Category: Life

What’s a writing blog without a boring account of the blogger’s life and thoughts about marriage, children, and cats?

To Be Published — “Water Bees”

Flame Tree Publishing is including my gothic horror story “Water Bees” in their upcoming print anthology Detective Thrillers. The anthology of murder mysteries combines classic and contemporary writers, so my work will feature alongside G.K. Chesterton and Arthur Conan Doyle.

“Water Bees” follows an elderly police inspector named Henri Monreau as he hunts through Arles, France, in search of a missing entomologist. (In case the city sounds familiar, it’s where Vincent Van Gogh painted some of his most famous works and then went mad). What makes this story unique, and a tad above the typical detective mystery, is the world concept—Henri lives in an alternate universe where there are only bugs and humans. No squirrels, deer, fish, birds, just ants, beetles, spiders, and people, who are theorized to be an advanced form of worm.

Flame Tree Press is a London-based publishing company that’s generally interested in science fiction, fantasy, horror and crime fiction, but also dabbles in artisan notebooks, illustrated calendars, cards, jigsaw puzzles, and other gift-friendly forms. Founded in 1992, the press’s self-described purpose, to quote Pablo Picasso, is to wash “the dust of daily life off our souls.”

Joe Hill — Writing Things

Joe Hill, the legendary offspring of the legendary Stephen King (and a damn good writer in his own right, I’m guessing his constant connection to his father must be irksome), came to the Tattered Cover to discuss his short story collection, Full Throttle, and writing in general.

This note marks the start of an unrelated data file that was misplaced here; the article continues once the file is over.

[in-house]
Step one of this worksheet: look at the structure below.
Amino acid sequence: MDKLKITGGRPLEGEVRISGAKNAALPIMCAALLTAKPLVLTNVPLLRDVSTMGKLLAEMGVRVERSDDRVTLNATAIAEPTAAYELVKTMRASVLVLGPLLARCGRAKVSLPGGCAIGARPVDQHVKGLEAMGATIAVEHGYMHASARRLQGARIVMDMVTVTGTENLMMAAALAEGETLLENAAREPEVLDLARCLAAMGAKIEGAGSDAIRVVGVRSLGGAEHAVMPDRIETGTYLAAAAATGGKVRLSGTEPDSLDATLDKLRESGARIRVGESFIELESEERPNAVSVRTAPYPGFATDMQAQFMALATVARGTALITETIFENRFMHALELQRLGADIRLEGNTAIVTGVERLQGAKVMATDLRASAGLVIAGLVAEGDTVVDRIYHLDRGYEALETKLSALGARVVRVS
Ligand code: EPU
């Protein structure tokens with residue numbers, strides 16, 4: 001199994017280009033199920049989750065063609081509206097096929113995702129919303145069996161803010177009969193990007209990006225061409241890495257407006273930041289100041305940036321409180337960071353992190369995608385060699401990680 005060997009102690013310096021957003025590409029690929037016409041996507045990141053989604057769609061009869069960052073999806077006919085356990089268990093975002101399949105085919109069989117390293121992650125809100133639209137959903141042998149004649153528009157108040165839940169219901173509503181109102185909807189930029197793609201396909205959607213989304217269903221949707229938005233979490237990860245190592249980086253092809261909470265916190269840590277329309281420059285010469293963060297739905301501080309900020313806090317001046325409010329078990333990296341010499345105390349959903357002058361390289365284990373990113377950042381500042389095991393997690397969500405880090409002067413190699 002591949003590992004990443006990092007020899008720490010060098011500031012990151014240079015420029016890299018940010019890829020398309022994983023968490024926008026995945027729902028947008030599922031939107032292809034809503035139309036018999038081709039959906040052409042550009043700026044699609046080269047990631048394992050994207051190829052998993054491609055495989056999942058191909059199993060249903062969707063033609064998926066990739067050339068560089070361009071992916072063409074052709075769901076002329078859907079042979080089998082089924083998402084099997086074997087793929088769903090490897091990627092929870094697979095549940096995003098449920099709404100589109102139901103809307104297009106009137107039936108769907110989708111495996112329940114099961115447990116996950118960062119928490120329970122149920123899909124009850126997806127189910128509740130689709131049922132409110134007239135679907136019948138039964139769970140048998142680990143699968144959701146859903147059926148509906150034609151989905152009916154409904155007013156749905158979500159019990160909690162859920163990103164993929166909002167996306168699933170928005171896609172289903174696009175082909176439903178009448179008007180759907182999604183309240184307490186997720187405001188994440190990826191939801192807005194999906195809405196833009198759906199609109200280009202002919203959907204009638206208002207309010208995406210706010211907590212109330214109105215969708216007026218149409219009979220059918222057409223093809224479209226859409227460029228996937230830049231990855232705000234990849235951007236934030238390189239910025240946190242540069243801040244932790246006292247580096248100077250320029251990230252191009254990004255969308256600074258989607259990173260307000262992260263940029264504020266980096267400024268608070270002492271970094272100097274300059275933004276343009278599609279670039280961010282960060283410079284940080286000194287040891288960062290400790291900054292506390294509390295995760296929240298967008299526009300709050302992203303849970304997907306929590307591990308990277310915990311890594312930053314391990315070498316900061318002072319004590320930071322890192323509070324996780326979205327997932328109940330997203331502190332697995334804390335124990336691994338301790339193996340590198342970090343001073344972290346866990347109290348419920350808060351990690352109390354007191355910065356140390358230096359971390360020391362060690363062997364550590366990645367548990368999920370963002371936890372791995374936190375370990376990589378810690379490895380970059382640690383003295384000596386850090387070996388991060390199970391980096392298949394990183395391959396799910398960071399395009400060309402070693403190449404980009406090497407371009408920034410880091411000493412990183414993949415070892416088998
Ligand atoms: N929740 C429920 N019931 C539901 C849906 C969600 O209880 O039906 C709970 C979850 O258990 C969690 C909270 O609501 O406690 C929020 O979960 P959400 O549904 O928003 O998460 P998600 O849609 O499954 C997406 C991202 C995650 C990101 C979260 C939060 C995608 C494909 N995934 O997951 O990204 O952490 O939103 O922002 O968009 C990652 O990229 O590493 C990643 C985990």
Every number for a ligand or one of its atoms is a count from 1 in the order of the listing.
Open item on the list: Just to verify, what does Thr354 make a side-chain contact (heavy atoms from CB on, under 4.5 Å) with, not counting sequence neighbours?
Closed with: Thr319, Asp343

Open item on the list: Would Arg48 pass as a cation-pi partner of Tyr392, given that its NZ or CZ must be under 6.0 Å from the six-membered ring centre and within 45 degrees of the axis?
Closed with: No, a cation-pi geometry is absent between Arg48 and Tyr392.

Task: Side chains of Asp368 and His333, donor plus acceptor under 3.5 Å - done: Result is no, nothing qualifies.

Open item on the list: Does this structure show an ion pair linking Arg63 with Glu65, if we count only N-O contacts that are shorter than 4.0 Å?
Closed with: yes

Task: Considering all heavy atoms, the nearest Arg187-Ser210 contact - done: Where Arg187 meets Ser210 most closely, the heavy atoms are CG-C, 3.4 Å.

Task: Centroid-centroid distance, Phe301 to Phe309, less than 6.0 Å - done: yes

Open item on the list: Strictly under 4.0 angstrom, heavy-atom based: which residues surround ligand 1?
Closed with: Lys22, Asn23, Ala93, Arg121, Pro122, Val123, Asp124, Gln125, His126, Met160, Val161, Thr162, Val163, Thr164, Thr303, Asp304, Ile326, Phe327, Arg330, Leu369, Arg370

With a friendly, comedic demeanor, and those classic glasses and beard, Hill spoke about his own experience in the publishing industry and read aloud an unpublished short story. The Q&A lasted an hour, followed by another hour of signatures and photos, but I was able to glean a few writerly advicey things.

Here they are:

Good ideas do not necessarily
translate into a good story.

Joe Hill cautioned that one-sentence ideas don’t necessarily make for a story. He mentioned that he was very good at making an elevator pitch, and yet “the better I got it the more I became convinced it’s completely unimportant.” Of course a good concept pulls people in. Nosferatu, for example, has a great pitch: “What if a guy had a car that ran on human souls instead of gasoline?” But, while Hill said he comes up with two or three ideas a week, “it takes me about a month to write a short story and it takes me about three years to write a novel.” The work isn’t coming up with the idea, but what the next four hundred pages will look like; and part of his second-guessing and insecurity regards whether the fundamental idea will be altered irreconcilably, or if the idea must guide the direction of the piece, or if the concept is harming instead of benefiting.

“I’m orderly on the outside,” Hill said. “But inside it’s total chaos.”

The most interesting characters
start as mysteries to the author.

When asked whether he’s a plotter or a panster, Joe Hill said he’s “definitely in the latter camp.” Outlines do not work for him precisely because the most “exciting part of writing a short story or novel is falling in love with a character and wanting to learn about them.” How could he predict in an outline how a character will interact or conflict with others? How he or she will deal with the crisis at hand? According to Joe Hill: “There’s stuff about them that I can’t see but I feel will be revealed if I put them under pressure. Plot is the instrument to create pressure that will force the truth from my lead characters. I can’t plot out a outline about what they’re going to do or how they will respond to trouble because I don’t know who they are yet. … What do they hate, what do they love, what are their daydreams? I can only find that stuff out by churning out a lot of material.”

Sometimes write scenes for the reader and sometimes write scenes for you.